Brooklyn Strong
Brooklyn Strong won the Remsen at Grade 2 Aqueduct. Photo by Susie Raisher/NYRA.

Though they ultimately decided to pass on Saturday’s $125,000 Federico Tesio, owner Mark Schwartz and trainer Daniel Velazquez remain on course to bring Grade 2 winner Brooklyn Strong to Pimlico Race Course for the 146th Preakness Stakes (G1).

Brooklyn Strong could have earned an automatic berth with a victory in the 1 1/8-mile Tesio, a ‘Win and In’ qualifier for Triple Crown-nominated 3-year-olds to the Middle Jewel of the Triple Crown May 15. The Tesio headlines six stakes worth $650,000 in purses on an 11-race Spring Stakes Spectacular program.

Velazquez said that the connections opted to give Brooklyn Strong more time following a fifth-place finish in the Wood Memorial (G2) April 3 at Aqueduct, his sophomore debut. It was his first race in four months, since winning the Remsen (G2) in December.

Plans following the 1 3/16-mile Preakness include a start in the final leg of the Triple Crown, the 1 ½-mile Belmont Stakes (G1) June 5 at Belmont Park.

“Mark really wants to run in the Belmont. I told Mark, ‘If we run in the Tesio, we’re not going to run in the Belmont. We’re going to do Preakness-Belmont, that’s it,” Parx-based Velazquez said. “The horse is doing really good. He came out of the race good. He worked the other day nice and easy. I have no complaints. I feel like he’s ready to rock and roll when it’s time.”

Brooklyn Strong, respectively a son and grandson of Grade 1-winning millionaires Wicked Strong and Medaglia d’Oro, won three of four starts at 2 including the Sleepy Hollow at Belmont against fellow New York-breds last fall on start prior to Aqueduct’s 1 1/8-mile Remsen.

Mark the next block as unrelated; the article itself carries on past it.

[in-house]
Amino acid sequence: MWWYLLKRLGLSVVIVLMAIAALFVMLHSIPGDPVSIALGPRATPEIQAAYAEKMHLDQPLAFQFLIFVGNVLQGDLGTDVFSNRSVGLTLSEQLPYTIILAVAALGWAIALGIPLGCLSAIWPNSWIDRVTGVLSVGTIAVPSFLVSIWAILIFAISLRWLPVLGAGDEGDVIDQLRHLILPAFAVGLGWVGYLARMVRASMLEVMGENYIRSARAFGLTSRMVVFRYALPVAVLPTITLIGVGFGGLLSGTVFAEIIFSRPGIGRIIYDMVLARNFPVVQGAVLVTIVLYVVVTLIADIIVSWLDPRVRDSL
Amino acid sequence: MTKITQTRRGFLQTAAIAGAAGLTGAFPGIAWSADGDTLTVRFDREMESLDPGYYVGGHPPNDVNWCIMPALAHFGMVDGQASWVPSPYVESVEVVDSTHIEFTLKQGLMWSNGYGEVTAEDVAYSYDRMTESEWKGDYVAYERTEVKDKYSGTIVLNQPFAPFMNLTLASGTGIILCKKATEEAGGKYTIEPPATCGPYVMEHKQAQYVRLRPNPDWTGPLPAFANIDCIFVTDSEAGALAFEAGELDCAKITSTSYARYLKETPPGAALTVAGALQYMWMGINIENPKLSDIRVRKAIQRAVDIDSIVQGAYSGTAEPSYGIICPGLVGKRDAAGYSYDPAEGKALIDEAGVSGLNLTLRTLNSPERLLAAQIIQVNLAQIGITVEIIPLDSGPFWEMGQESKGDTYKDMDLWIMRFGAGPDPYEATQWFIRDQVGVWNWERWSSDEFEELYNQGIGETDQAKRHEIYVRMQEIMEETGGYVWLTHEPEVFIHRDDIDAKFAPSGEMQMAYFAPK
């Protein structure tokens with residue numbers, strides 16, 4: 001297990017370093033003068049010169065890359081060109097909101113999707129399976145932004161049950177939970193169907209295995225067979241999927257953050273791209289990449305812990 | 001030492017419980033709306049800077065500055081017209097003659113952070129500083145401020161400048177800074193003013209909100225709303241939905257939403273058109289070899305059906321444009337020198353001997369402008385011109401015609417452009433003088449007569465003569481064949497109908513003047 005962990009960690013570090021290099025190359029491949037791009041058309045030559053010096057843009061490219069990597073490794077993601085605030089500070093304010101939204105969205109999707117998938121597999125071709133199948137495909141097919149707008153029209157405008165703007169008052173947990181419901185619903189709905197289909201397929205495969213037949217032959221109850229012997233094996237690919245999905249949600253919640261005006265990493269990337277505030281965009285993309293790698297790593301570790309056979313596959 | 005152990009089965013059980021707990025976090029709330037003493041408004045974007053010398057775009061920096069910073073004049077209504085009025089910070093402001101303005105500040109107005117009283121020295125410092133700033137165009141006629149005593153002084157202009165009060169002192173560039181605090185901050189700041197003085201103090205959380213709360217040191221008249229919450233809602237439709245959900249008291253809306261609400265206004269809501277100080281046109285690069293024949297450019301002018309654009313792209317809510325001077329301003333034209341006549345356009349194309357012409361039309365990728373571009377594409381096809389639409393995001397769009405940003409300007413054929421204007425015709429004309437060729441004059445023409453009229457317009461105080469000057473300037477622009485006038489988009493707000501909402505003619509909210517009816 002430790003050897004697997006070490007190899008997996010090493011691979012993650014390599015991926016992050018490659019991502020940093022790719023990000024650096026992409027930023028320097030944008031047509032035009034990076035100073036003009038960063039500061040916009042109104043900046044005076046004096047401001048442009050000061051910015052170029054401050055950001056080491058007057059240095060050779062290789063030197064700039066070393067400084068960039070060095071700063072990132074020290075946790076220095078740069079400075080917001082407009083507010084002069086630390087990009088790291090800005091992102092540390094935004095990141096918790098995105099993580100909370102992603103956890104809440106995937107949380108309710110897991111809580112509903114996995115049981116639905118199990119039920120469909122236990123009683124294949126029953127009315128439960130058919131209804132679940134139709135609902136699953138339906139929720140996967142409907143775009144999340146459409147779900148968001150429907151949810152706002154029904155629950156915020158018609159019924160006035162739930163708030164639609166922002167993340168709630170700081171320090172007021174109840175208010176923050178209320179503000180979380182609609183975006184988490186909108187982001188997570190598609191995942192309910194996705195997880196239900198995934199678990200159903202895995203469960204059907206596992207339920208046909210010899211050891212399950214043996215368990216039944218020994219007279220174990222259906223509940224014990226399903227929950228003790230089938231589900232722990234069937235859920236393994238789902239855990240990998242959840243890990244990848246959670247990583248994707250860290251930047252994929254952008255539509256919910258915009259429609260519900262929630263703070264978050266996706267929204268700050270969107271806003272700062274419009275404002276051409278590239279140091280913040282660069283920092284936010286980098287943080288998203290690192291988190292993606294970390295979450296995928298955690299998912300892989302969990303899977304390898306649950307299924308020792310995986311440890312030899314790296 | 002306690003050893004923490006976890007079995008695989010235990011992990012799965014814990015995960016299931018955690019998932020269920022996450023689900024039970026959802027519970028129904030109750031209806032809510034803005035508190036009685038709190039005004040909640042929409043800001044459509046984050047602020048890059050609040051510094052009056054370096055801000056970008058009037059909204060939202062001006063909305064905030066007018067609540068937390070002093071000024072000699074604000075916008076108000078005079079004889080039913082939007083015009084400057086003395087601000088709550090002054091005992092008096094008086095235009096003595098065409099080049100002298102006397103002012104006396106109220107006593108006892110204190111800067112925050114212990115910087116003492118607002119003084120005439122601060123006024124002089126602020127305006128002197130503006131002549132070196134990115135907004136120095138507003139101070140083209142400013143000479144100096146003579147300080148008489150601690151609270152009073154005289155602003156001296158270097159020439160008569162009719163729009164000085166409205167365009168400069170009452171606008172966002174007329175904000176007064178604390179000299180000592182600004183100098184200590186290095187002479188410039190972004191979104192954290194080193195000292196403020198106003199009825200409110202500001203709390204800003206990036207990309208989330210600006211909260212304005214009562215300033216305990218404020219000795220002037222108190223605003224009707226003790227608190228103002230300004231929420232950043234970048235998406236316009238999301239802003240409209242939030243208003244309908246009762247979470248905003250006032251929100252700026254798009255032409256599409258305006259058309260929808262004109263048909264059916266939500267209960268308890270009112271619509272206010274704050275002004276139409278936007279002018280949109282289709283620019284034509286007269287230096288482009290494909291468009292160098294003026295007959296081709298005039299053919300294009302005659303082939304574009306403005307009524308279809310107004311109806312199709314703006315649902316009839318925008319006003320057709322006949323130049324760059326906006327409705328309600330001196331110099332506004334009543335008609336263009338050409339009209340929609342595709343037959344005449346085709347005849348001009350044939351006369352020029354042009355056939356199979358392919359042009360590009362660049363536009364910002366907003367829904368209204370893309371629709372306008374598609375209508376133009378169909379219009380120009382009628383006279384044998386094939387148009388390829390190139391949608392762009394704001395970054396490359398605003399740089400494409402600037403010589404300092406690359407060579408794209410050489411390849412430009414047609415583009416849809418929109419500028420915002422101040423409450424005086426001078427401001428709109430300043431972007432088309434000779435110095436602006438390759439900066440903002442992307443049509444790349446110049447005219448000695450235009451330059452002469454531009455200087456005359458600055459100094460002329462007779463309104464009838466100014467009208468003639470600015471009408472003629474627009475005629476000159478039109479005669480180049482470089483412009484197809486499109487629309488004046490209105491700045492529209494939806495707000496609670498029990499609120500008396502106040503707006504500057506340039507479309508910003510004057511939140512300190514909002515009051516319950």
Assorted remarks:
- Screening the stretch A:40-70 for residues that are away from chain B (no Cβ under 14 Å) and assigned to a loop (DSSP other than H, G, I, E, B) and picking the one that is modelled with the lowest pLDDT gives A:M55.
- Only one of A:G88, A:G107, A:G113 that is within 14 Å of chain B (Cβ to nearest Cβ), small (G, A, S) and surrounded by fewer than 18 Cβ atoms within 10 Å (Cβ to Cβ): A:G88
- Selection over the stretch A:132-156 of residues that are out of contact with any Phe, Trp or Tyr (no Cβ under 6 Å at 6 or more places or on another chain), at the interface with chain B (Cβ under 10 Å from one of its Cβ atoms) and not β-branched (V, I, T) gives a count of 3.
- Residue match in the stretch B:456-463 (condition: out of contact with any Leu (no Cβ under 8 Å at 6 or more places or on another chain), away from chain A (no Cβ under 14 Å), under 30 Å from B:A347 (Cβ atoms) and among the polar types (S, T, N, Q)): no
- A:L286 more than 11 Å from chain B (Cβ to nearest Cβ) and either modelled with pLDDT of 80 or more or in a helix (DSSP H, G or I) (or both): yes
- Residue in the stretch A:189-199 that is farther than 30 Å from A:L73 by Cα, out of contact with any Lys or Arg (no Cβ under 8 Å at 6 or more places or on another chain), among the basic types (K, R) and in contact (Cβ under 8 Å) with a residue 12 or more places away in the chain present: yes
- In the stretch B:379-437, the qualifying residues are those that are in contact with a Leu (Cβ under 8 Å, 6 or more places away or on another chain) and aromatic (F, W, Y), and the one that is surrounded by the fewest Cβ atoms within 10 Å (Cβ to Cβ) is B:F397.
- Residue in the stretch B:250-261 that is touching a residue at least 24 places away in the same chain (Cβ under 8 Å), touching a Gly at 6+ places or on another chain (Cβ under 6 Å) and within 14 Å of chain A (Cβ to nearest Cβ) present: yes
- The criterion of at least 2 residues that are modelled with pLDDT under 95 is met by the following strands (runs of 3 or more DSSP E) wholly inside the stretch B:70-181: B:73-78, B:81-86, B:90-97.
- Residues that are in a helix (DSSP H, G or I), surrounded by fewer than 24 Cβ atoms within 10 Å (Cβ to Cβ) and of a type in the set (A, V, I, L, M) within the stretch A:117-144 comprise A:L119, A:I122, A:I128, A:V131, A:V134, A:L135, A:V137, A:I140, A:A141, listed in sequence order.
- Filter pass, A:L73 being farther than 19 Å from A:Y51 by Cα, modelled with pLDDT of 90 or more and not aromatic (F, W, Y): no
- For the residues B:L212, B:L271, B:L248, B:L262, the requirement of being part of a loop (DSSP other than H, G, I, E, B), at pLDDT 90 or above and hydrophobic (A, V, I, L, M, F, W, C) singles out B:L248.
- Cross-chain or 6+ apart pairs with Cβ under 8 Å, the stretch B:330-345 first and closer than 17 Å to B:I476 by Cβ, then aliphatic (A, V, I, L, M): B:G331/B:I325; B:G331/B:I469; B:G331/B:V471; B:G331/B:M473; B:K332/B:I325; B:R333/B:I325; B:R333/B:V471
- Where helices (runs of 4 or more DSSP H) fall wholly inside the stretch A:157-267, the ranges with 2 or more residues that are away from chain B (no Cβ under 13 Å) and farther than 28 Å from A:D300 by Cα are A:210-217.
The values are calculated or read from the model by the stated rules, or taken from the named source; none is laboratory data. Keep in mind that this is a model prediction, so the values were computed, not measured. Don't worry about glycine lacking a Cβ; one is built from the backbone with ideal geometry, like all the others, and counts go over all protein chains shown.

In the Wood, Brooklyn Strong encountered traffic trouble racing inside and wound up beaten 4 ¾ lengths behind 72-1 long shot winner Bourbonic, one of four Kentucky Derby (G1) hopefuls for trainer Todd Pletcher, including Wood runner-up Dynamic One and Florida Derby (G1) winner Known Agenda.

“There’s no shame in that. It wasn’t the most ideal trip and we didn’t have all the training that we needed going into that race, so I’m proud of him. He showed up,” Velazquez said. “We only had one shot to try and get in the Derby and we kind of had to press it a little bit but it is what it is. As long as he stays healthy, he’s a gelding, he has a bright future.”

Brooklyn Strong had his first work since the Wood April 19 at Parx, going a half-mile in 49.55 seconds. Velazquez, the son of trainer Alfredo ‘Freddie’ Velazquez, owns 188 career wins since 2009 mostly working for his father before going out on his own in 2016. The Remsen was his first graded-stakes triumph.

“He can definitely handle the distance. Now that he has that big tightener underneath him … we have a nice window for the Preakness and we’d just go in real ready and 1,000 percent prepared for the Preakness,” Velazquez said.

“Obviously we have other options with him. If we really wanted to just be easy on him, we could just go New York-bred on him and he’ll win those little stakes races,” he added, “but we think he’s definitely better than that. We just want to target some good races and have some fun with him.”